Wrap your day up with a bedtime routine that not only helps when you’re too tired to make smart choices, it also helps you fall asleep more easily. What works for your toddler works for you as well.

Start by doing a few chores that make the next morning easier. Making sure the kitchen is clean and the kids’ school things are in order are great examples. Come up with a few calming things that help you slow down and get ready for sleep. Read a book, listen to some music or wind down with a cup of herbal tea.

Sit down with a pen and piece of paper and think about what parts of your day and week you can turn into routines. Write the down and create daily to-do lists for yourself until you’ve established these new habits and routines.

Spending a little bit of time creating routines and habits will make your day run a lot smoother. You might just find yourself less stressed and get more done during your productive hours. And that’s a beautiful thing. It allows you to save plenty of decision making for the fun stuff like figuring out what park to go to, what family movie to watch or what board game to play.


How Long Does It Really Take To Create A New Habit?

They say it takes 21 days to create a new habit. That’s kind of a weird idea though, isn’t it? It doesn’t take that long to form a bad habit. And sometimes no matter how hard we try it takes us a lot longer to form a new habit.

So how long does it really take to create a new habit? The answer is that it depends. It depends on your mindset and it depends on how big of a change it is from what you are doing now. If it is your habit to eat a bowl of ice cream at night and you switch from regular ice cream to a low sugar frozen yogurt version, it’s probably not going to take you very long to make that new habit.

Giving up ice cream altogether though or cutting out all sugar on the other hand might take a lot longer.

When we ask that question, what we really want to know is how long do we have to tough it out before it gets easier. Is there a light at the end of the tunnel where we don’t have to try so hard anymore? In other words, when will this new behavior become automatic?

While it will be different from one person to the next and even from one habit to the next, there are a few things to keep in mind.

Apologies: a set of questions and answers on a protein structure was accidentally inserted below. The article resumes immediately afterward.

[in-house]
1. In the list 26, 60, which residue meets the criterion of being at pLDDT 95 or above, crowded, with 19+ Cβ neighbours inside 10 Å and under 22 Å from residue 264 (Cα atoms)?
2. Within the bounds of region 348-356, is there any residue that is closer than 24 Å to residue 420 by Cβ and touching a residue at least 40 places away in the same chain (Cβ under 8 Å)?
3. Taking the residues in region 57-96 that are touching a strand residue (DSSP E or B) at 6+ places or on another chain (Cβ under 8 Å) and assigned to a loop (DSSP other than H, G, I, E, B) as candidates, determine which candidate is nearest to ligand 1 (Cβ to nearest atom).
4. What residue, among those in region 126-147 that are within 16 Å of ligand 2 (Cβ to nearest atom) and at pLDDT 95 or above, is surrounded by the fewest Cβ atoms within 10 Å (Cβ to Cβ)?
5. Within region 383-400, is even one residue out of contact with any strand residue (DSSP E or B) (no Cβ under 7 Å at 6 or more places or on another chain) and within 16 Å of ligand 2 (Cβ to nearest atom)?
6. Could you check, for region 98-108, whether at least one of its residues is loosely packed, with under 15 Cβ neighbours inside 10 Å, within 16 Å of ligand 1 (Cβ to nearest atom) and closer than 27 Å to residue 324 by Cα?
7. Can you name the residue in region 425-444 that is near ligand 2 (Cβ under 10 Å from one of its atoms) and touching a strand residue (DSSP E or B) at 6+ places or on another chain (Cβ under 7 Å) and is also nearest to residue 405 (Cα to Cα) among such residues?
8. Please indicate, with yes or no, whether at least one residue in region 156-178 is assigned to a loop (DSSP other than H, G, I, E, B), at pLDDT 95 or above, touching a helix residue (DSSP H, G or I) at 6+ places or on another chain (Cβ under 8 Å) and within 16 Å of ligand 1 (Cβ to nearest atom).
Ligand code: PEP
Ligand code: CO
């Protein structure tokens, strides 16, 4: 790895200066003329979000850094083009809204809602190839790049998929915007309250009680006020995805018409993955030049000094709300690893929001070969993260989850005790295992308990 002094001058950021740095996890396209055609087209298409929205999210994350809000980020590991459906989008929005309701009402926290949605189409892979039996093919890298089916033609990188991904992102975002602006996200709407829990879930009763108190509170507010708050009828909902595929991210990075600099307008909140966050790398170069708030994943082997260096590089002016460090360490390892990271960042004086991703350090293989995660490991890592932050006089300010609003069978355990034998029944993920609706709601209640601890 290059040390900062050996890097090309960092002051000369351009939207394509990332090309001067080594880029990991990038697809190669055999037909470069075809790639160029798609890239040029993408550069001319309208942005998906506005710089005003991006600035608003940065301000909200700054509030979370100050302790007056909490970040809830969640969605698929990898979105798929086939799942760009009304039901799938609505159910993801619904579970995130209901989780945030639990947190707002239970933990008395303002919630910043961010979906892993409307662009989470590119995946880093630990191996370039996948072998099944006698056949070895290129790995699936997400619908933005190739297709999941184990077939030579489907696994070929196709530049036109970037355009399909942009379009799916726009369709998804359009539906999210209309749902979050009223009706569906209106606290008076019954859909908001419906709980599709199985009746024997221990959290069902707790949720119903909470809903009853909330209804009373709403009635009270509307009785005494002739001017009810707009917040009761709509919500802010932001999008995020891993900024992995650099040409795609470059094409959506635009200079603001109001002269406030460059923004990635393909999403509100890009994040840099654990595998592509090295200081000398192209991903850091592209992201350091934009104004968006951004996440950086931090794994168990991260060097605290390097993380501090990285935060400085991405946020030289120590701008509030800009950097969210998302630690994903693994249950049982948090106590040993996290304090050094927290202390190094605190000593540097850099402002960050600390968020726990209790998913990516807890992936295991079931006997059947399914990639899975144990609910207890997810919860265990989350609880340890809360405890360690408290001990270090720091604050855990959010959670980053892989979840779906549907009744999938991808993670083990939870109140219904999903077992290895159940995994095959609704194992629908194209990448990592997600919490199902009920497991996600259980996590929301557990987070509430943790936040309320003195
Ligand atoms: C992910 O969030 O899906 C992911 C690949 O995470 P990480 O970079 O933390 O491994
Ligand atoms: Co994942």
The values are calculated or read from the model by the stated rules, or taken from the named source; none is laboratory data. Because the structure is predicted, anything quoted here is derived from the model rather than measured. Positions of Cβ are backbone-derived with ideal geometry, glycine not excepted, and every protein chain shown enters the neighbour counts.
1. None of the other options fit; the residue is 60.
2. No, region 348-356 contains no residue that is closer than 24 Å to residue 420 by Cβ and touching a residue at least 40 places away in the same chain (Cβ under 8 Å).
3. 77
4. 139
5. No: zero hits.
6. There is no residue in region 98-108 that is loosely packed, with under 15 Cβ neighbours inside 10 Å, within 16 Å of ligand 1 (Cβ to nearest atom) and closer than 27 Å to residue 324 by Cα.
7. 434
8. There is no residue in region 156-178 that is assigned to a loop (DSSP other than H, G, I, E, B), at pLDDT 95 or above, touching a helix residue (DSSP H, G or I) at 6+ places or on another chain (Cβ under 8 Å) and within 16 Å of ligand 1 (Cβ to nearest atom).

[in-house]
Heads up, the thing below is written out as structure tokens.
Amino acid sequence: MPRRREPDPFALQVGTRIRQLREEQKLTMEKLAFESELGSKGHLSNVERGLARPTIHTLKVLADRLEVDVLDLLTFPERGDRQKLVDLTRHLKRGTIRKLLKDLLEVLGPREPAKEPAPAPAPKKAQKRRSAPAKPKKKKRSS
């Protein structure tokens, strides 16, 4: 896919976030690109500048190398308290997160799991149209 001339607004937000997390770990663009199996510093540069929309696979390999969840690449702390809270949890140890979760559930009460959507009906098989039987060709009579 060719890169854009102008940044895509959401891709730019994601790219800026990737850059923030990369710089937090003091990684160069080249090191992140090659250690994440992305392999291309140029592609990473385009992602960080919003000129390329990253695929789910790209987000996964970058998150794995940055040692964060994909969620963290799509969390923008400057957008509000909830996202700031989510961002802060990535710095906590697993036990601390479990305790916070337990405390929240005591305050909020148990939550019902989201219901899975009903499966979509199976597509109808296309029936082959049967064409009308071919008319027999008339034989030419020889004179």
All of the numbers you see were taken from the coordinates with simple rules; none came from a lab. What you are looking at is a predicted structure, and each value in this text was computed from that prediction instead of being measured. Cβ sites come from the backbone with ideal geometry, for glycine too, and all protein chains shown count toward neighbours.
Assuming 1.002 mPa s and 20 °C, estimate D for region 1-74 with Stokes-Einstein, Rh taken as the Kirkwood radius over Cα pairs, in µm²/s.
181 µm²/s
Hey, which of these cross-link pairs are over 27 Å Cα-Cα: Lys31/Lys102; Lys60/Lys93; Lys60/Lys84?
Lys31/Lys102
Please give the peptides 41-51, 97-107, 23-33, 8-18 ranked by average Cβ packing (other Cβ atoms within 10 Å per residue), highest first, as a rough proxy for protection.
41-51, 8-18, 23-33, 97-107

It’s easier to make a new habit than get rid of an old one. Be prepared to work a lot harder to give up checking your email every 2 minutes or snacking late at night. Whenever possible, try to replace an old habit with a new one. For example if you’re wanting to give up coffee, brew a cup of herbal tea in the morning and throughout the day when you would usually reach for your cup of Joe.

Habits will form faster if you stick to the same time and environment each day. Instead of going for a walk whenever, keep your sneakers next to the door and schedule your walk every day at 6pm, right after dinner for example.

A constant reminder of why you’re trying to change your behavior is also helpful. Remind yourself every day that you’re exercising so your body stays strong and you can go play with the kids or grandkids in the yard. Or put up a picture to remind you that you’re making frugal habits so you can one day purchase your dream home. Keep your reason why you’re changing front and center and then be prepared to stick it out. Yes it will take some time to make new habits and replace old ones. But it will be well worth it in the end.


Get Some Help – Simple Hacks To Help You Build New Habits

Creating new habits isn’t easy. Here are six simple hacks that will make it a little easier. Use them until you’ve internalized the new habit and don’t need them anymore.

  • Schedule It And Put It On The To-Do List. 
Sometimes we forget to do that new thing we were trying. Maybe we forget that we’re supposed to be having eggs for breakfast instead of a stack of waffles, or that we need to get that daily walk in. Schedule your new habits or make them part of your daily to-do list until they become something you do automatically.
  • Make It Public and Be Accountable. 
Let family and friends know what new habits you’re trying to establish. They will call you out if you don’t stick to your plan and get you back on track. You may even go as far as sharing it publicly on Facebook or write a blog about your new journey. Knowing that others read it and know about it might be just enough to keep you going when you feel like throwing in the towel.
  • Piggyback On A Habit You Already Have. 
Whenever possible, add the new habit to one you already have. For example, if you fix a cup of tea or coffee at 4pm, and you want to get in the habit of taking a daily walk, make the new ritual to go for your walk and then come back and enjoy your tea. It’s much easier to amend an existing habit or ritual than creating an entirely new one.
  • Make Slipups Costly.